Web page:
BEACON TRANSCRIPT – Last week, an iceberg the size of Delaware broke off from Antarctica, after a massive crack has been expanding for the past few months. Now, the mass of ice has started drifting towards the Weddell Sea, further widening the gap between it and the larger body of ice it broke from.
The iceberg, weighing around 1 trillion tons, is also known as A-68, and is slowly drifting away from the Larsen C ice shelf, the larger body it came off from. The gap between these two formations started widening several months ago, until it could no longer hold the iceberg.
How do scientists study the iceberg?
This ice chunk is one of the largest that had ever existed in Antarctica, measuring around 2,200 square miles. Even so, it’s hard to get a clear image of it, since the continent is almost most of the time covered in thick clouds, and the nights are long and dark.
However, scientists are using some advanced satellites which use infrared to study the iceberg, and can capture photos of it in any conditions. Aircraft photos should come by the end of this year, as the Antarctic summer will allow for a better study of it.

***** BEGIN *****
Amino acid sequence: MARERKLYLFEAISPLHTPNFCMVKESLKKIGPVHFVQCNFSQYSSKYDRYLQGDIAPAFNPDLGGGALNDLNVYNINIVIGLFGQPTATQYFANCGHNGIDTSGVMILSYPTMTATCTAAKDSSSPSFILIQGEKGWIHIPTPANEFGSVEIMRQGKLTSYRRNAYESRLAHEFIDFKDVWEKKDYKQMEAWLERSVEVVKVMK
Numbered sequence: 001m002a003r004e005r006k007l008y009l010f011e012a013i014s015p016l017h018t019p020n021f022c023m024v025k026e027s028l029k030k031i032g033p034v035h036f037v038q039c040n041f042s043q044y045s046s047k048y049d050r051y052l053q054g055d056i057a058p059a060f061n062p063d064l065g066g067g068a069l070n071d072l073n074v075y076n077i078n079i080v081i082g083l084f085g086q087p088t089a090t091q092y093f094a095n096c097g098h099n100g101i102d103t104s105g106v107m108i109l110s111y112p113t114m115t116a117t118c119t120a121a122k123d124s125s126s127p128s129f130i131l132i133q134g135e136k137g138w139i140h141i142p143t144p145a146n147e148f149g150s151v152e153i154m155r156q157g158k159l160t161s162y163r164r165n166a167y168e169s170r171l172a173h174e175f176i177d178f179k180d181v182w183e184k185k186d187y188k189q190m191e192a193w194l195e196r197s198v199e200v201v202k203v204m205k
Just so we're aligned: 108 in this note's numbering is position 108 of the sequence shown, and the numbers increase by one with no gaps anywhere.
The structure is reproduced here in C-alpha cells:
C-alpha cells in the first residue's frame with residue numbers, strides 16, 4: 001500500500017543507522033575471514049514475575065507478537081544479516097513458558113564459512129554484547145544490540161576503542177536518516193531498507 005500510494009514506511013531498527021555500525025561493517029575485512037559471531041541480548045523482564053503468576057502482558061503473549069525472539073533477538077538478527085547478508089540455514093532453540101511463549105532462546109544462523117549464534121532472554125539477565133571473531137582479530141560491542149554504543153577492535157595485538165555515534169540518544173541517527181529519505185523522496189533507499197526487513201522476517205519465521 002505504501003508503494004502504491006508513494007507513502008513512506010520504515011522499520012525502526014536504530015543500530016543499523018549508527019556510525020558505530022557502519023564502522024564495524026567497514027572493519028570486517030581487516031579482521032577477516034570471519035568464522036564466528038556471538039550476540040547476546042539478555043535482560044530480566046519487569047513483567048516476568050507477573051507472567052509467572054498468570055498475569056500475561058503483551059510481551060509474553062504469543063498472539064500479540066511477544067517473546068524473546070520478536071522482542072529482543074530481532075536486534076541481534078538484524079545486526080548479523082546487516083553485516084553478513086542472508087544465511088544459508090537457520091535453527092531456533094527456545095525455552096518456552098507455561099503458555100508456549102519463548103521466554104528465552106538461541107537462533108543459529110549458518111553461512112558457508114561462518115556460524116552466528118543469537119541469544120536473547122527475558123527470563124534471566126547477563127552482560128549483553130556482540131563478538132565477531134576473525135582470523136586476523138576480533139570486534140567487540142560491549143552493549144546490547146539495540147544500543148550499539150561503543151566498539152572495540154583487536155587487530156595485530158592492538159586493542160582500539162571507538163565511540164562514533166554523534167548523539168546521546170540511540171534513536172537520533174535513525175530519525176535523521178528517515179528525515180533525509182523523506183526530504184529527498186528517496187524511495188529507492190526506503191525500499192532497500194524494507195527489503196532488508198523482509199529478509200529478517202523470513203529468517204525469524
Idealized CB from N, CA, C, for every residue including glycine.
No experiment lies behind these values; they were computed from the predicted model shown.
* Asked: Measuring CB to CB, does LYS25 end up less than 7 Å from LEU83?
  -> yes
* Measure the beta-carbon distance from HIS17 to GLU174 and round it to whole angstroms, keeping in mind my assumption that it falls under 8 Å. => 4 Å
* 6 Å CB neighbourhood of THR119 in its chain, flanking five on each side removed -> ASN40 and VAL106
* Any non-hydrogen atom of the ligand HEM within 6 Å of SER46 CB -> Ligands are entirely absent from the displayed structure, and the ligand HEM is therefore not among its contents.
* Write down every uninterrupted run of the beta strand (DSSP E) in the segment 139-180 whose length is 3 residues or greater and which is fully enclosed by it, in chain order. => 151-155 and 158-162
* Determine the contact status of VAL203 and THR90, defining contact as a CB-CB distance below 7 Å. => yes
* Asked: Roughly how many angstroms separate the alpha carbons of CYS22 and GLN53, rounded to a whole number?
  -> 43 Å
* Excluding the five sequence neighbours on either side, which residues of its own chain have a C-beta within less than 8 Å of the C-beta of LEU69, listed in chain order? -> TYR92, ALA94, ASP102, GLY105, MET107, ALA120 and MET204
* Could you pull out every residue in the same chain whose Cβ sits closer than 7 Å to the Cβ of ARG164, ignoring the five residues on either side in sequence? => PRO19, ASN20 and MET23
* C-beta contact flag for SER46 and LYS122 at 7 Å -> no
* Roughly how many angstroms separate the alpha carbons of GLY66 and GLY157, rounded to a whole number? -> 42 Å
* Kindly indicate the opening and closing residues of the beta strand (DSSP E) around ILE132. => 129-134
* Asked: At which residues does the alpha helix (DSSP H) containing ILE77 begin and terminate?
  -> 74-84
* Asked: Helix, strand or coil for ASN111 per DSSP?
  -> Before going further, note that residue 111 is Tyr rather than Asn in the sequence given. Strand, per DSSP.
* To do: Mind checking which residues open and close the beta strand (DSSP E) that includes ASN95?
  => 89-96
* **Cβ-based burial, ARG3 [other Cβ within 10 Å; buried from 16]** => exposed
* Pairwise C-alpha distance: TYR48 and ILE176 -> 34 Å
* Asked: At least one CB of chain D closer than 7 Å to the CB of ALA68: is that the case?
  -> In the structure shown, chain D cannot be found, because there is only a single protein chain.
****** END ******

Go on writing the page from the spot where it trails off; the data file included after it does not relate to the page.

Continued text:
The ice chunk won’t pose any navigation problems
The US National Ice Center will be responsible will keeping the iceberg’s path into close observation. They expect it to go the same way as the ice chunks which broke from the Larsen B ice shelf. This means going north along the Antarctic coast, and then drifting northeast and entering the South Atlantic Ocean.
Experts think this massive chunk of ice shouldn’t put any problems for those who navigate in the area. They believe that, as the iceberg gets deeper into the sea, it will start breaking into smaller bits, so the huge mass of ice won’t put any ships in danger.
Image Source: Wikimedia Commons